10 Critical Strategies for New Real Estate Agents in Any Market
The President of the United States gets 100 days to prove himself. You get less. A lot less.
But like the President, what you do in the early days of your new career will largely determine whether you sink or swim.
This is a time of opportunity for you. A chance to start fresh. A new beginning. But it’s also a time of vulnerability. You’re a stranger in a strange land–with just a few dollars in your pocket.
The stakes are obviously high.
Failure in the early days of your career can spell the end of a promising business. So this post is not just about exploiting opportunities and advancing your career. It’s also about preventing failure.
Therefore, your goal should be to arrive at critical mass as rapidly as possible. If you succeed in this, you’ll free up precious time to focus on business development.
Follow these 10 critical strategies and you will inevitably exploit opportunities, prevent failures and advance your career.
1. Promote Yourself
First and foremost, make a clear break with your last job. Quit it if at all possible. Part-timers are crummy real estate agents.
Then, hit the ground running. Announce to everyone you know–including your old boss and co-workers–that you are a real estate agent. What you want is immediate traction. This means reworking your network.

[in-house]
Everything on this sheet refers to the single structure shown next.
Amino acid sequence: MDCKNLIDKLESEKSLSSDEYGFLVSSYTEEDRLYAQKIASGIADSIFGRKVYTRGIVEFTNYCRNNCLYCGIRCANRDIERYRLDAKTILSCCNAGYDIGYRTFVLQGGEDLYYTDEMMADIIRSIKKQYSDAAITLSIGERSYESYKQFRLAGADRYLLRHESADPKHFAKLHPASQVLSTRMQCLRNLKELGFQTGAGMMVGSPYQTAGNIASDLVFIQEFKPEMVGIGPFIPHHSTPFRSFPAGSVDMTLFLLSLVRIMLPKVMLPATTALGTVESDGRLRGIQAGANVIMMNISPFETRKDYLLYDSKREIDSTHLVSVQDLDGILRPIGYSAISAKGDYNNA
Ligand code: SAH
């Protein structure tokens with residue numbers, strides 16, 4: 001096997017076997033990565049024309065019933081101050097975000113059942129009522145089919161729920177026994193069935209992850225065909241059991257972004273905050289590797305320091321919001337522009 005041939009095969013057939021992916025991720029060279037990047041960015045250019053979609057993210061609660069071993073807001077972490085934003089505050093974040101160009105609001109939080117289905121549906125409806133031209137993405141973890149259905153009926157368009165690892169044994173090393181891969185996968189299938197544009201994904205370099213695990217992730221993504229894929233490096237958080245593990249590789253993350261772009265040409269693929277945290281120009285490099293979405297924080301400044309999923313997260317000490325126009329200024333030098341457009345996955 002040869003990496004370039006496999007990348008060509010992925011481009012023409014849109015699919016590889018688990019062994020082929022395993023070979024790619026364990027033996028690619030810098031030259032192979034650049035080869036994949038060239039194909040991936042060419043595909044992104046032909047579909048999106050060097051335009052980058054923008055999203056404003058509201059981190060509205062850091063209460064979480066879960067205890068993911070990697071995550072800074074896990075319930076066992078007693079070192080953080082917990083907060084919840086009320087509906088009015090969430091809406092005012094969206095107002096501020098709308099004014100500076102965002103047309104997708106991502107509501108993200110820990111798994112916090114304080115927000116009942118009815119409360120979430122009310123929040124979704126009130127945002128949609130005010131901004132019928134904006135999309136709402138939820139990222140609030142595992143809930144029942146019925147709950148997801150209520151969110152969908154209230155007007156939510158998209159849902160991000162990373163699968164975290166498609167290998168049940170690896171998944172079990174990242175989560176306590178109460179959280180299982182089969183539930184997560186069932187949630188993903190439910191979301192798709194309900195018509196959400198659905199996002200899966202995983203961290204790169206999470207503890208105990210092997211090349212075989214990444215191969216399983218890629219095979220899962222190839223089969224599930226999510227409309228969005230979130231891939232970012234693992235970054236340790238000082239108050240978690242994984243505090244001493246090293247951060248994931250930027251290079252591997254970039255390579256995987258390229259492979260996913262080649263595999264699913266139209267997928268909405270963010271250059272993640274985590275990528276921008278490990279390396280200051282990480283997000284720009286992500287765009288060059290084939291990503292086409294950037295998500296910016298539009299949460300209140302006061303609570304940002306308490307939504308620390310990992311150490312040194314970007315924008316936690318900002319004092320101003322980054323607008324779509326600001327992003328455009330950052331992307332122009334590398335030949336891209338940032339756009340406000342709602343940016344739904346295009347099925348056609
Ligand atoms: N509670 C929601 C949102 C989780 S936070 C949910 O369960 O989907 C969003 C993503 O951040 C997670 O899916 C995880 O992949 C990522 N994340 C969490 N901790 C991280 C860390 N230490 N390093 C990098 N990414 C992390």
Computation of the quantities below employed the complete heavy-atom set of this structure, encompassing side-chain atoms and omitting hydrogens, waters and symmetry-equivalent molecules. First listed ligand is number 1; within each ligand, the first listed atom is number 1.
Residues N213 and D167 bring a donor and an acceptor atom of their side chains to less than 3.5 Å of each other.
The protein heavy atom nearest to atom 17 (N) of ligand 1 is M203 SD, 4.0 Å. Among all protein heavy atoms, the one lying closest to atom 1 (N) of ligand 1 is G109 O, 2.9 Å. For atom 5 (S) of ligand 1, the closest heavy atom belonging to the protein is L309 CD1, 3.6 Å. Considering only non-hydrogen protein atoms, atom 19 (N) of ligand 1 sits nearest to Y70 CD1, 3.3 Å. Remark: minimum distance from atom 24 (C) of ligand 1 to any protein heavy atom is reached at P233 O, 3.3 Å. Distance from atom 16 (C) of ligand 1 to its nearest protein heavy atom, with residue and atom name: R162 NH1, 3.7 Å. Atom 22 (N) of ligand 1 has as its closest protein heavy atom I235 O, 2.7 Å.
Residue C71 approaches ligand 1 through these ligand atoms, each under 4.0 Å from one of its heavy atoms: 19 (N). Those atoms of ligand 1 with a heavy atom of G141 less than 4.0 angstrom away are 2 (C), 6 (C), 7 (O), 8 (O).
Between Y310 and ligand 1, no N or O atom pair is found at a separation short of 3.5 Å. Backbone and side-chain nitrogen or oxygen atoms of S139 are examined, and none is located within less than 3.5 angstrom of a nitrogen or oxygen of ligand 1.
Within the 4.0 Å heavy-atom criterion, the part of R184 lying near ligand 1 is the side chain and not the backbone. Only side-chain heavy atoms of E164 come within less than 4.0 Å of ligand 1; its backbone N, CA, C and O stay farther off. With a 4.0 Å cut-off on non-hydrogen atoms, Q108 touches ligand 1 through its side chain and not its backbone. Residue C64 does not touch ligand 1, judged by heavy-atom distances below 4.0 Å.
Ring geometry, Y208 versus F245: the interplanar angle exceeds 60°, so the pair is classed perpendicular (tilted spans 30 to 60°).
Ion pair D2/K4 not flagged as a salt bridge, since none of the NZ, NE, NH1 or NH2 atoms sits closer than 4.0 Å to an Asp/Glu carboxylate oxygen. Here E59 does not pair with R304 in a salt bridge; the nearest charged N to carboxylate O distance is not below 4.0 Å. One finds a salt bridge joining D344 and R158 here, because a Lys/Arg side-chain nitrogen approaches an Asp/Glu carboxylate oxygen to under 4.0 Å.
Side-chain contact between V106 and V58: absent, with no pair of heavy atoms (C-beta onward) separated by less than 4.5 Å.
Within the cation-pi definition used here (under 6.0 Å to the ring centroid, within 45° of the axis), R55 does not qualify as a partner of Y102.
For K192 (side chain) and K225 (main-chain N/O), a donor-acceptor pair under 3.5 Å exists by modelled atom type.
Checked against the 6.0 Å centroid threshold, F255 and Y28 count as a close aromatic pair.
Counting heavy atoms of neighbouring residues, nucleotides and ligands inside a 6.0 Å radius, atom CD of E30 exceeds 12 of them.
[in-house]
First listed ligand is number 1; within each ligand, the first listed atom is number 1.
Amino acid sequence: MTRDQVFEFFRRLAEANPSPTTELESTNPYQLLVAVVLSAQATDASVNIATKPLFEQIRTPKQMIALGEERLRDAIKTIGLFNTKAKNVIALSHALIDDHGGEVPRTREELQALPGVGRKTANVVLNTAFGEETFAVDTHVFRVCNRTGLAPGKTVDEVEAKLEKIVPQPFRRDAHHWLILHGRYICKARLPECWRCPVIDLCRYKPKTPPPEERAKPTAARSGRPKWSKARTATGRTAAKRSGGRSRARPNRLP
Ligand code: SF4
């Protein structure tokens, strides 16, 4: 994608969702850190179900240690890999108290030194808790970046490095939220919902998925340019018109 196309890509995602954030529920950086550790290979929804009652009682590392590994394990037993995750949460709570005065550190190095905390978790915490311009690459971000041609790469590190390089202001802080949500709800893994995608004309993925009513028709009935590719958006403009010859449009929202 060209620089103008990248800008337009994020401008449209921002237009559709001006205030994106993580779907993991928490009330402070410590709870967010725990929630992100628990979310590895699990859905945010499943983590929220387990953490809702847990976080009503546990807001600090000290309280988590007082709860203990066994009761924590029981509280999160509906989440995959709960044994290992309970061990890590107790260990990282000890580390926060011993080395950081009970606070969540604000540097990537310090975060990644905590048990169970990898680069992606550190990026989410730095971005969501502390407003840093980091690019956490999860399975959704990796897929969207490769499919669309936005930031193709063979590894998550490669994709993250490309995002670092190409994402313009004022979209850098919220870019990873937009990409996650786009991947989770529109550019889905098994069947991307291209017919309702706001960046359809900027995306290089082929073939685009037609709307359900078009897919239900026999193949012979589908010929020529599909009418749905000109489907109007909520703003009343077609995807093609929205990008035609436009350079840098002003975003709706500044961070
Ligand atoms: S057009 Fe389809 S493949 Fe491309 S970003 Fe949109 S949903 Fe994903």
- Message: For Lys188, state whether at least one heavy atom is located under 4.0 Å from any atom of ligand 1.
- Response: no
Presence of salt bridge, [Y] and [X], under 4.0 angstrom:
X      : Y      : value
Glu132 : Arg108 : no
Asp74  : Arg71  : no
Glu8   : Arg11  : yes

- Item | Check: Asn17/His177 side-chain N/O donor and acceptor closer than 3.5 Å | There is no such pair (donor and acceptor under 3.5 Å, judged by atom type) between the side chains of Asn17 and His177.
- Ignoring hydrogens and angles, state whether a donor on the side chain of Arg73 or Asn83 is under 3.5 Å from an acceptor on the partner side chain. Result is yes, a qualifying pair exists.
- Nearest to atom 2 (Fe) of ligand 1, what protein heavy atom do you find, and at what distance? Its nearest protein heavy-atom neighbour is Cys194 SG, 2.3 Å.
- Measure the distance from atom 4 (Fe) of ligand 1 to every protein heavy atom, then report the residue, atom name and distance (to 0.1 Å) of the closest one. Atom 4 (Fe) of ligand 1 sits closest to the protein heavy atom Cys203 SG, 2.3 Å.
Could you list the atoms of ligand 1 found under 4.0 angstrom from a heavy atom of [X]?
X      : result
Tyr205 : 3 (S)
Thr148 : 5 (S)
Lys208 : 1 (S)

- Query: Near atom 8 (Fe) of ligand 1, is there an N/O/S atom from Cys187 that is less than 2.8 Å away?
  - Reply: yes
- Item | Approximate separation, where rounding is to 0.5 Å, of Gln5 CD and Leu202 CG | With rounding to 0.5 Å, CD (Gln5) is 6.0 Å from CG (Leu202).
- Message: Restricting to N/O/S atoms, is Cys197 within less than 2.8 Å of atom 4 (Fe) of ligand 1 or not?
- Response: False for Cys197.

Furthermore, learn everything you can about real estate. And start sharing that information. On a blog. In a newsletter. At networking events.
And most importantly: watch out for people who want to hold you back.
2. Accelerate Your Learning
If you aren’t a reader–become one. Fast. If you aren’t a learner–get over it. You’ll need to become one if you want to succeed in real estate.
Now, if you have trouble learning or find reading boring, do this: view it as an investment. Imagine every hour spent learning is a possible $100 down the road.
Furthermore, to be systematic about learning, you’ll need to define your learning agenda. You’ll need to find the best sources of insight (this could be designations, coaching, conferences or mentors. Or all of them). What’s always helped me when I want to learn something is to adopt a learning plan. This will work for you, too.
3. Match Strategy to Situation
Always diagnose the business situation you are entering before you create a strategy. Is it a hot market or a sluggish market? Urban or rural? What are the challenges and opportunities? Should you play offense or defense? What are the right skills needed to lead?
Also, understand the history, the people and the culture of your market. This can be some of your best clues on how to succeed in your market.
4. Nail Down Early Wins
While there are a lot of ways to build credibility, early wins is certainly one of the best.
What is an early win? Great thing about early wins in real estate is that you get to define them. An early win could be getting a buyer for a piece of property your company’s best salesperson has been having trouble selling. Or it could be as small as meeting key leaders in your city.